Read: Luke 3
We fast-forward to somewhere between A.D. 25 and A.D. 26, when John the Baptist, and his cousin Jesus, were about 30 years old. John preaches the need for repentance through baptism and even baptizes Jesus. Luke covers the story of John the Baptist differently than the other Gospel accounts. His intentional process of identifying key moments and details gives us some interesting insight into John’s ministry, then shifts to Jesus for the rest of the writing. We also get a snapshot of the genealogy of Jesus to affirm His position in history.
John the Baptist
After all, he was born for this role! John announces something the people have been waiting for, someone they have long talk about. This baptism leads to salvation — not just a temporary fix.
He went into all the country around the Jordan, preaching a baptism of repentance for the forgiveness of sins. Luke 3:3
Jews were quite accustomed to repeated acts of sacrifice, but John is pointing to the Messiah. This baptism is part of the preparation for the coming King, the hope that “all people will see God’s salvation” (Luke 3:6; Isaiah 52:10).
John’s ministry is revealed in some detail here. To begin with, John explains that you can’t rely on your ancestry for salvation:
Produce fruit in keeping with repentance. And do not begin to say to yourselves, ‘We have Abraham as our father.’ For I tell you that out of these stones God can raise up children for Abraham. Luke 3:8
Just because your father’s father, etc., and you, follow the ordinances of Judaism, you are not guaranteed salvation, your heart must change. We must change our ways and produce fruit.
Tax collectors and soldiers, notoriously wicked people, heard the message and were moved. Their response wasn’t merely to agree, they wanted to know what to do next. John didn’t shy away from giving them direction:
- Tax Collectors: don’t collect more than required
- Soldiers: don’t extort money or accuse falsely
- Herod: you are a sinner.
In these two examples, John calls them out–their actions are visible to God and they will be held accountable. The third bullet will eventually get him beheaded.
The thrust of the message is clear: Jesus, the Messiah, is coming. Get ready!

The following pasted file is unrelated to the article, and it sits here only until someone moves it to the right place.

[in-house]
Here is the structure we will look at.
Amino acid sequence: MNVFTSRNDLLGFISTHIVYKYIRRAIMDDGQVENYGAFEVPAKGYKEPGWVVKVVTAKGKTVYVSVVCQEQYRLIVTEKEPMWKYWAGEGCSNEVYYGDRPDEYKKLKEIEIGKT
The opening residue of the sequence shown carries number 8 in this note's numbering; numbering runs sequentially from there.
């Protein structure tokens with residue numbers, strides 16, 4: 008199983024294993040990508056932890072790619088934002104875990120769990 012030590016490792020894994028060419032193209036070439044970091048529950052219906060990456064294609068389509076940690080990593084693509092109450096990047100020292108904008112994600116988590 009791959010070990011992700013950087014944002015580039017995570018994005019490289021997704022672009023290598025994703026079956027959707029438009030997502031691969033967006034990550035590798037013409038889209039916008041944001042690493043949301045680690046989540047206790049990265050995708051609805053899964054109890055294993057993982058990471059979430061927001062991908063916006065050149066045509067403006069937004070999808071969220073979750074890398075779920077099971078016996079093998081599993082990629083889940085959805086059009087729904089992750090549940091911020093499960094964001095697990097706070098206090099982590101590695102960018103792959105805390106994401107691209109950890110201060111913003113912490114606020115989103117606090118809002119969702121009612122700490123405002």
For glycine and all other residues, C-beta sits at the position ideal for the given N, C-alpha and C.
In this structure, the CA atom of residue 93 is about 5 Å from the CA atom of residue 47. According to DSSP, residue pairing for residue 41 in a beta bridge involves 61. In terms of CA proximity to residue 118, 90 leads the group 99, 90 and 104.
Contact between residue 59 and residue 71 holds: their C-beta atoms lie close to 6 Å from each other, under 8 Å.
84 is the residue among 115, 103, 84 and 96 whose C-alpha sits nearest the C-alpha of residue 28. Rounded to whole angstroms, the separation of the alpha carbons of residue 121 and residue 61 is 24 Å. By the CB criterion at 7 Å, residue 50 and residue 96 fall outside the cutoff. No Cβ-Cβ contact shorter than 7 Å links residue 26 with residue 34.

It’s no surprise that the people think John is the Messiah. His message is unique and fresh, his resolve is unprecedented. He is filled with the Holy Spirit and people can discern the difference in his preaching versus the typical Levitical homilies. John is quick to let them know he is not the One.
John answered them all, “I baptize you with water. But one who is more powerful than I will come, the straps of whose sandals I am not worthy to untie. He will baptize you with the Holy Spirit and fire. Luke 3:16
Luke quickly covers the baptism of Jesus by John. Though He was baptized “when all the people were being baptized,” Luke doesn’t record any reaction from the crowd or John. From Luke’s perspective, it seems there are two main points: Jesus acknowledges John’s ministry and God announces this is indeed His Son.
and the Holy Spirit descended on him in bodily form like a dove. And a voice came from heaven: “You are my Son, whom I love; with you I am well pleased.” Luke 3:22
Jesus’ ministry on earth will now begin!
Luke takes us all the way back to Adam in his recording of the lineage of Jesus. I love the idea here:
Now Jesus himself was about thirty years old when he began his ministry. He was the son, so it was thought, of Joseph, Luke 3:23
Luke makes a special note: “so it was thought.” In other words, here’s the Jewish lineage for all those who want to affirm the bloodline of Jesus, but make no mistake, Joseph is not the one who participated in conception of Jesus. The miracle of Jesus’ birth is hard to wrap my mind around and I’m sure it was helpful for the Jews of Luke’s day to have an account through genealogy.
Matthew’s account was quite different (see: Matthew’s Genealogy of Jesus — The Women). The differences are in conflict with one another, but it’s interesting to see how each addresses a different audience in an effort to include as many people as possible.
Luke’s orderly process of covering events and details prepares us for the rest of the story. I especially appreciate the call to action, not just hearing the message. John the Baptist is unafraid to say that something needs to happen, that we need to do something. It’s not about sitting and listening in agreement, though that’s a good start, we actually need to do something in response.
Lord, help us to hear your word and respond appropriately as you have uniquely called us to do. Help us to hear and know what our next steps need to be. Jesus, we want to be walking in your will, doing that which best serves you today. The world would prefer that we get wrapped up in trivial pursuits, but I pray we would hear Your voice beyond the noise!